Roman emperor and Stoic philosopher Marcus Aurelius (April 26, 121–March 17, 180) kept a notebook (like a diary or journal of sorts), his Meditations. It has been translated and annotated by the British classics scholar Robin Waterfield (see REF below). I might have titled the notebook “Anger Management Techniques”.
“First, don’t be upset. Nothing happens that isn’t in accord with universal nature, and before long you won’t exist at all, just like [your heroes]… Second, fix your gaze on the matter at hand and see it for what it is, and then, keeping in your mind your obligation to be a good man and the demands of your humanity, go right ahead and do it, in the way that seems to you to be most just. But do it with kindness and modesty, and without dissembling.”
The emperor basically said KEEP YOUR COOL!!
FACT VERSUS FICTION
The movie “Gladiator” (2000) which starred Russell Crowe did not present a true historical picture of Marcus Aurelius.
“Marcus Aurelius really was a Roman Emperor for about 6 decades (161–180). He was a scholar who adhered to Stoicism, and reflected his view and perspectives about life in a writing called “Meditations”. Although he was a philanthropist and introduced social reforms, he did not like the Christians.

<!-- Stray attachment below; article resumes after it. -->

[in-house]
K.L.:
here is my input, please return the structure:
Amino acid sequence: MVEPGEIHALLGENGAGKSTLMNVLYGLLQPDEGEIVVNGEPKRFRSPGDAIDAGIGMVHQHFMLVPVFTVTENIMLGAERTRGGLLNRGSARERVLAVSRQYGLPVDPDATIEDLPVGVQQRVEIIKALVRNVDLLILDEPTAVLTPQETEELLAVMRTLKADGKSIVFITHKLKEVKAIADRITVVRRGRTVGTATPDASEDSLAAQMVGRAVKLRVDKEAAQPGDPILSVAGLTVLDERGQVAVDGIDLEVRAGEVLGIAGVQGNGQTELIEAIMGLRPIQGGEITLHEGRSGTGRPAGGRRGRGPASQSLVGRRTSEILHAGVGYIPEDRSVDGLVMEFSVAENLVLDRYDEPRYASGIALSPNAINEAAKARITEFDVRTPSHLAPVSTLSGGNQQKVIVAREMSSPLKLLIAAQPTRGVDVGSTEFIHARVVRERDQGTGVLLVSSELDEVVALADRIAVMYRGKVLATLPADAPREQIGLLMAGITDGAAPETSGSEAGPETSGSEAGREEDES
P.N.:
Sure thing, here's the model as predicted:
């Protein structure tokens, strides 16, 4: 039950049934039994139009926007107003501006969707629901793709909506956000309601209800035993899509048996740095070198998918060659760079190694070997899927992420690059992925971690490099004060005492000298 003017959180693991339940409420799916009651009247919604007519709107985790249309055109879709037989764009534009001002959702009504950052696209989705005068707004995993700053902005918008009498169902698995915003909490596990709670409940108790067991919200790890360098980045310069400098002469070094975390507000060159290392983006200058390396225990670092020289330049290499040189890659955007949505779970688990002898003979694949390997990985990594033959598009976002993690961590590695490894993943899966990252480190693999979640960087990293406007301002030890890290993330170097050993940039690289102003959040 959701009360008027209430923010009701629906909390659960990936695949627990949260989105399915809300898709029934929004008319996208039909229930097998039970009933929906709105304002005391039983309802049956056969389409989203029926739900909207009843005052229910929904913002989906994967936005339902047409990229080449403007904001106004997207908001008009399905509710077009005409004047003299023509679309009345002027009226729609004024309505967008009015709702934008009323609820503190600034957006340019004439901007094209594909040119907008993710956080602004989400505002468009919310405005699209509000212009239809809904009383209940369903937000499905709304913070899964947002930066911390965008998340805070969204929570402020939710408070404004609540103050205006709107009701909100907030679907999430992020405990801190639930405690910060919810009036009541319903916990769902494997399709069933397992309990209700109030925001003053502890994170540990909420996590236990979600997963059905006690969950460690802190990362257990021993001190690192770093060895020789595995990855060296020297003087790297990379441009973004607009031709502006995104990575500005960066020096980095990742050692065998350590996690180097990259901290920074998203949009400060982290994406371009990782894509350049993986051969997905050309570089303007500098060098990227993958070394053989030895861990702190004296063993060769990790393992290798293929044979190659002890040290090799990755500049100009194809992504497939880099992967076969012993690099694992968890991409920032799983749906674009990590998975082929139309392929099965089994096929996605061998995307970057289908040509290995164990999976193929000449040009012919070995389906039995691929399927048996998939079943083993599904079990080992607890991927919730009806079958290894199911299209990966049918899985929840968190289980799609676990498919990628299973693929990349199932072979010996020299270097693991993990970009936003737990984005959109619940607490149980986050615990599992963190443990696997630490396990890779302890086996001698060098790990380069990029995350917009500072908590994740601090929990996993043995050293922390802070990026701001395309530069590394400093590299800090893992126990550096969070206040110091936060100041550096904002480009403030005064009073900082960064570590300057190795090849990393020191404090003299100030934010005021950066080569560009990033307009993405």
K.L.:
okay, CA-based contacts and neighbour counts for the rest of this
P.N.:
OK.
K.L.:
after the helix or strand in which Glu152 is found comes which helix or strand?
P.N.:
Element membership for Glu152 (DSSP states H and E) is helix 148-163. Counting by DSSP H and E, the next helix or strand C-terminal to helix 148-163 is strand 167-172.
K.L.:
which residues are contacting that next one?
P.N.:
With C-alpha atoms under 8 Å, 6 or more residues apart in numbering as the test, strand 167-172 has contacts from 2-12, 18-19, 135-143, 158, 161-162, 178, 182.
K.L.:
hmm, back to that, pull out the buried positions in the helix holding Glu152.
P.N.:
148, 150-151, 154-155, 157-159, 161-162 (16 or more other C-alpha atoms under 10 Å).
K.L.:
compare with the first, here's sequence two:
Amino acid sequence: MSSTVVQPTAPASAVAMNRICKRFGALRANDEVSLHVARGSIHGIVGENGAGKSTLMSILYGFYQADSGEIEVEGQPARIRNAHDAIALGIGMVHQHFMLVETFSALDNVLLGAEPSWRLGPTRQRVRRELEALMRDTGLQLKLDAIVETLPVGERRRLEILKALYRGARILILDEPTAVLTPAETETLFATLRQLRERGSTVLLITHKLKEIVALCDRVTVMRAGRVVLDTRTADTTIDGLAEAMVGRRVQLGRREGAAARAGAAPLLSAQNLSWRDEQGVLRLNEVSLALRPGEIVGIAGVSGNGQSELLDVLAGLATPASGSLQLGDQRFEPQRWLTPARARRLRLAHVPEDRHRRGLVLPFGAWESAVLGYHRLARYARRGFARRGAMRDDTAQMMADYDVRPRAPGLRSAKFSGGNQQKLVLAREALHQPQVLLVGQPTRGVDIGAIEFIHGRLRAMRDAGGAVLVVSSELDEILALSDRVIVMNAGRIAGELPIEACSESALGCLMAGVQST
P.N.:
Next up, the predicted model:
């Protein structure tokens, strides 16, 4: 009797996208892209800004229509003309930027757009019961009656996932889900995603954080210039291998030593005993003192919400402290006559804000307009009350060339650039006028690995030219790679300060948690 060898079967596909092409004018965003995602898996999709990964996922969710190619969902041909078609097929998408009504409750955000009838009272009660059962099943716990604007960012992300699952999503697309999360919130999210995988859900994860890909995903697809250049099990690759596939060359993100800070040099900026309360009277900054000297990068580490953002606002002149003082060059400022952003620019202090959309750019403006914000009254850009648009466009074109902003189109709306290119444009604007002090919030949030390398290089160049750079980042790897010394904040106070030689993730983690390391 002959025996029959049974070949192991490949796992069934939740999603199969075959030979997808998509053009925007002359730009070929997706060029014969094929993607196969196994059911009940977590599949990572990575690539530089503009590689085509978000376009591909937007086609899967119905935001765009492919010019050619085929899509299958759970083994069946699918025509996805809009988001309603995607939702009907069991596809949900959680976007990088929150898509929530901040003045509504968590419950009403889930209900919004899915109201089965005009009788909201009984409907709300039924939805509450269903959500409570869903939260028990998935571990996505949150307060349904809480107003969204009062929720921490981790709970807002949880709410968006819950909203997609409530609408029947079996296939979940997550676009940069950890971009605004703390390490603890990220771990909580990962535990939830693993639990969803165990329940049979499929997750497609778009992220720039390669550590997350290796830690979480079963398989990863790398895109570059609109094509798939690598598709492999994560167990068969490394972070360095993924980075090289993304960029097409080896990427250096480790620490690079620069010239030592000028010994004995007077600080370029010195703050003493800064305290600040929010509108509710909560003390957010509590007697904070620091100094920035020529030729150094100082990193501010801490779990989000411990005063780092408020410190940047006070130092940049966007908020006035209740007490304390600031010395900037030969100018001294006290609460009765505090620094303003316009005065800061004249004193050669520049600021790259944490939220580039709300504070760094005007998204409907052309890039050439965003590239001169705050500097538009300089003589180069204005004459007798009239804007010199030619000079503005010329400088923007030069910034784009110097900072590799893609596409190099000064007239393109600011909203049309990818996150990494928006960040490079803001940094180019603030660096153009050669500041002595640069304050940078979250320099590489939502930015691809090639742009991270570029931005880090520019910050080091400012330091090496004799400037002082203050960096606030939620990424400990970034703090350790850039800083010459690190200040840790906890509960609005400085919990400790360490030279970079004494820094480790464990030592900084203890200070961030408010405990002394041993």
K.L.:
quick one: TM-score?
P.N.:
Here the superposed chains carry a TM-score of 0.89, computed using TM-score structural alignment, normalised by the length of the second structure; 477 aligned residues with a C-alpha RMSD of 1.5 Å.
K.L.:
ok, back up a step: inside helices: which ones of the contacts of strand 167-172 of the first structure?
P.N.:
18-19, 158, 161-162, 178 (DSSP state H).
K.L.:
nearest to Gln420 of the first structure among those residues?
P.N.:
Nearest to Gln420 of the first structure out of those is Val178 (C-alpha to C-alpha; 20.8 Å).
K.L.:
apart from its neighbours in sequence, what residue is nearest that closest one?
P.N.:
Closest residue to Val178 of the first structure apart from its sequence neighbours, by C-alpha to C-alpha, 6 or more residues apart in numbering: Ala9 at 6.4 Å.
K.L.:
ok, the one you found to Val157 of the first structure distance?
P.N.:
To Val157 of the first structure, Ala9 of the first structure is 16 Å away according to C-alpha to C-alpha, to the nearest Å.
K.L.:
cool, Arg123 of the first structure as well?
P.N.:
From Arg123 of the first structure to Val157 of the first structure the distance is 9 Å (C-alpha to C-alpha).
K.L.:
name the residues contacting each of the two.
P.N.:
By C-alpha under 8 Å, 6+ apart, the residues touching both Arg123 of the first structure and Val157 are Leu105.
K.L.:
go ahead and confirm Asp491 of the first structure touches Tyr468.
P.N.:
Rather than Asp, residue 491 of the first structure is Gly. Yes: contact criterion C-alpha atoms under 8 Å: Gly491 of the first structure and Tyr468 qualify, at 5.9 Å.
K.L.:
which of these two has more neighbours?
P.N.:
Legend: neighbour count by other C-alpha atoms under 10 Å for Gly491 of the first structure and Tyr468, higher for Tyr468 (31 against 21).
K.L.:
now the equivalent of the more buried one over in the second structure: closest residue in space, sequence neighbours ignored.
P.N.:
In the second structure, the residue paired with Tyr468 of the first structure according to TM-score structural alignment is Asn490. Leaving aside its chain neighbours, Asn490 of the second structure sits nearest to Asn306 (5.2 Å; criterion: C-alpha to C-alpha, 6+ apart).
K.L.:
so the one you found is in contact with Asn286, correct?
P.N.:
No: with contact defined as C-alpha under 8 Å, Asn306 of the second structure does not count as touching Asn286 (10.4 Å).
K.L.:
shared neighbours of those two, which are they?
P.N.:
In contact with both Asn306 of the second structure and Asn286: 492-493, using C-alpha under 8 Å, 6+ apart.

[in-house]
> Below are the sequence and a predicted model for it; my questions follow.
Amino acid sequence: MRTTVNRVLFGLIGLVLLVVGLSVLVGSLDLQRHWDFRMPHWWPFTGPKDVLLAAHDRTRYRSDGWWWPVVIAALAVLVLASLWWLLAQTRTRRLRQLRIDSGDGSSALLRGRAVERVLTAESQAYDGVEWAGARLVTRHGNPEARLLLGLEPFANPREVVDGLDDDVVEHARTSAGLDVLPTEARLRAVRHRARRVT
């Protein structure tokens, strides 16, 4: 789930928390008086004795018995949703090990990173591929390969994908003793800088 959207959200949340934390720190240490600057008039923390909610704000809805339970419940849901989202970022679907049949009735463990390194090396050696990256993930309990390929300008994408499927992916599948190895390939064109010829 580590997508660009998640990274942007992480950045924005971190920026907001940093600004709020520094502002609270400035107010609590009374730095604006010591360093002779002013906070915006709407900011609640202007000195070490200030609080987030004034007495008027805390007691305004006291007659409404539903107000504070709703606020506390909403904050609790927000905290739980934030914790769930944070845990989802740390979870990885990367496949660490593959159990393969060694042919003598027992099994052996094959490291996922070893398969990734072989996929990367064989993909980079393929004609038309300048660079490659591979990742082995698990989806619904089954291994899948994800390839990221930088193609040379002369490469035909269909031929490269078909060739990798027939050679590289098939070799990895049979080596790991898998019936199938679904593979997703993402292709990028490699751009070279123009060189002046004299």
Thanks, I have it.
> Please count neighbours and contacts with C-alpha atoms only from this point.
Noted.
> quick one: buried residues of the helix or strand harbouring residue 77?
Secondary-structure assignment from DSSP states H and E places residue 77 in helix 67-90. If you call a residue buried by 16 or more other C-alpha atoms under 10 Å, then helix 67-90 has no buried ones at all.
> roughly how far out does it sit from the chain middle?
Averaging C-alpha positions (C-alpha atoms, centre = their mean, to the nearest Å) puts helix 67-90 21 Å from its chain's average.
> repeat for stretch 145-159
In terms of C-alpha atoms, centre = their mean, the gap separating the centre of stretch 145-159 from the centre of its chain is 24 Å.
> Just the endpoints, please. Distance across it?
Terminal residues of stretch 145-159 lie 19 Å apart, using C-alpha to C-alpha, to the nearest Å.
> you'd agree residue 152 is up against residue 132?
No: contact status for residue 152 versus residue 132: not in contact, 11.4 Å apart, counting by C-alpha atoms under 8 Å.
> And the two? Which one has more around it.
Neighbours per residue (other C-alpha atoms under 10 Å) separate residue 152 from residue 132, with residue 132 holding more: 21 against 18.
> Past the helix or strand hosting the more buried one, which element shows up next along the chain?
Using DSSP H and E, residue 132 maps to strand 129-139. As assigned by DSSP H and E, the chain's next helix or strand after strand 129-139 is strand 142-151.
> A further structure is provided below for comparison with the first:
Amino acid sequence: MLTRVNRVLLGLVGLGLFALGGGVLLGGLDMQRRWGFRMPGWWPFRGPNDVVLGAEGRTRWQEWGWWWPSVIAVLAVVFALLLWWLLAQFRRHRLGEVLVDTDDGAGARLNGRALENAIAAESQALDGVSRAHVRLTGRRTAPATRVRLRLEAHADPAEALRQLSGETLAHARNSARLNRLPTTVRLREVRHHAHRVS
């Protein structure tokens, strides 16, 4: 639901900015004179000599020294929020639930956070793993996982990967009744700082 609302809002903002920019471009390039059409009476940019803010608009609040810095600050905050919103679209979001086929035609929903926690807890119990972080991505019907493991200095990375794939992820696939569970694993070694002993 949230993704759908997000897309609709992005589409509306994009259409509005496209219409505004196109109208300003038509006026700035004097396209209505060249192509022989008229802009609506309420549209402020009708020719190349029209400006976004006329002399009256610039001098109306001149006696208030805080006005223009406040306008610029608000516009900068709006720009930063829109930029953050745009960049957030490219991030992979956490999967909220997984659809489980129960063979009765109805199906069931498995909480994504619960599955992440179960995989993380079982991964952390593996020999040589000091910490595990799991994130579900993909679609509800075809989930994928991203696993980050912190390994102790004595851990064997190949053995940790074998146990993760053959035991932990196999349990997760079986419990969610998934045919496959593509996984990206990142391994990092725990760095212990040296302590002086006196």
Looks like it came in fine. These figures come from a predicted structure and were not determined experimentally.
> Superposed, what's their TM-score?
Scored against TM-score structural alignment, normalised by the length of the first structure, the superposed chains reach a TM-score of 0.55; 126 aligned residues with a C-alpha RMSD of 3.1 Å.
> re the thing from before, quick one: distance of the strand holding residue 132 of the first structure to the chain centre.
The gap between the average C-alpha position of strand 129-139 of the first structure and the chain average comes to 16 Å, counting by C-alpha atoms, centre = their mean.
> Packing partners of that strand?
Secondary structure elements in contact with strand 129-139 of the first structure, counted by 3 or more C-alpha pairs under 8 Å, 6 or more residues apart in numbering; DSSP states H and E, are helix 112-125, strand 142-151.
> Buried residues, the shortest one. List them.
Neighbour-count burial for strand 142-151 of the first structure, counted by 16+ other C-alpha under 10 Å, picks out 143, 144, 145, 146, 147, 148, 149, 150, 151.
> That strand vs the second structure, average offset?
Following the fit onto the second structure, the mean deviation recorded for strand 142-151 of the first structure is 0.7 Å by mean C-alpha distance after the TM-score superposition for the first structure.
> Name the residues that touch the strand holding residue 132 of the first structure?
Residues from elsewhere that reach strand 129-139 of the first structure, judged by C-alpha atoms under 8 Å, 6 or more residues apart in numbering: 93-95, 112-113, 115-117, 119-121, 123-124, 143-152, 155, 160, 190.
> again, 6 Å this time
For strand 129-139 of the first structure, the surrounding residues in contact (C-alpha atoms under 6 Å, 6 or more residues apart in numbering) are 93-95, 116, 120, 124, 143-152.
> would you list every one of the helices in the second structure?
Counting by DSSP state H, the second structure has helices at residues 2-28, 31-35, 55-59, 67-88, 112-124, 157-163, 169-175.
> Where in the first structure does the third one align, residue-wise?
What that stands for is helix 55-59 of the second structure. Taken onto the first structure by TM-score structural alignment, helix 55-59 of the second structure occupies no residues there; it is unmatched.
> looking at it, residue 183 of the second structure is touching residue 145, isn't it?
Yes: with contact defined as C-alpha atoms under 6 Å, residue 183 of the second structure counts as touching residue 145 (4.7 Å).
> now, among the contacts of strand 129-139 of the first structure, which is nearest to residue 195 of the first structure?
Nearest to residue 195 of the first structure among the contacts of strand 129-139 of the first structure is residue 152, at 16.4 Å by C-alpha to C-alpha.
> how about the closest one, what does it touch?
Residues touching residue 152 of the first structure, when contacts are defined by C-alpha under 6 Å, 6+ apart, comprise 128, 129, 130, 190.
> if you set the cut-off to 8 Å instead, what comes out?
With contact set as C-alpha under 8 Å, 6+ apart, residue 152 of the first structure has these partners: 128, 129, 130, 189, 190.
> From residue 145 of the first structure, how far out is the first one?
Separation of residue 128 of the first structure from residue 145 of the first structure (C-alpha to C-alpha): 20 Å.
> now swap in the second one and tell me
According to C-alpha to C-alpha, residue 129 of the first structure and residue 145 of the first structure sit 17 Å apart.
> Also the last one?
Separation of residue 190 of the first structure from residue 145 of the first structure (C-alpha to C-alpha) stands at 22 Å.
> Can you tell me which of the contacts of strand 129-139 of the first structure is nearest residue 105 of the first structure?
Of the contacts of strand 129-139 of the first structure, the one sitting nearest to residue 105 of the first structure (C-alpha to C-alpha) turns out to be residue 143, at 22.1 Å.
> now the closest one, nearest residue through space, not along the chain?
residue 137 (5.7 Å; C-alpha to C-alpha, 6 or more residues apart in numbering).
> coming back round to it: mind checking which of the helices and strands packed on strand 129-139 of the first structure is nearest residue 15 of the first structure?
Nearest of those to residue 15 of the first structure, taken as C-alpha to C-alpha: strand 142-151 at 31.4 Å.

History says that Marcus Aurelius did nominate his own son to succeed him. Aurelius died in March 180 and Commodus — full name: Lucius Aelius Aurelius — was 19 years old when he came to the throne. He reigned from 180–193. He was a mad tyrant who believed himself to the reincarnation of the demigod Hercules and that he somehow possessed superhuman strength. The people did not like him at all and they tried to kill him many many times. Each failed assassination attempt was met with some serious payback consequences. In the end, he was murdered by a hired gladiator.” (Source)
Thanks for reading.
DISCLAIMER: I am not a qualified historian but I enjoy dabbling in history and writing about ancient Rome or other historical events, people, and places. If you liked this content, you might also like:
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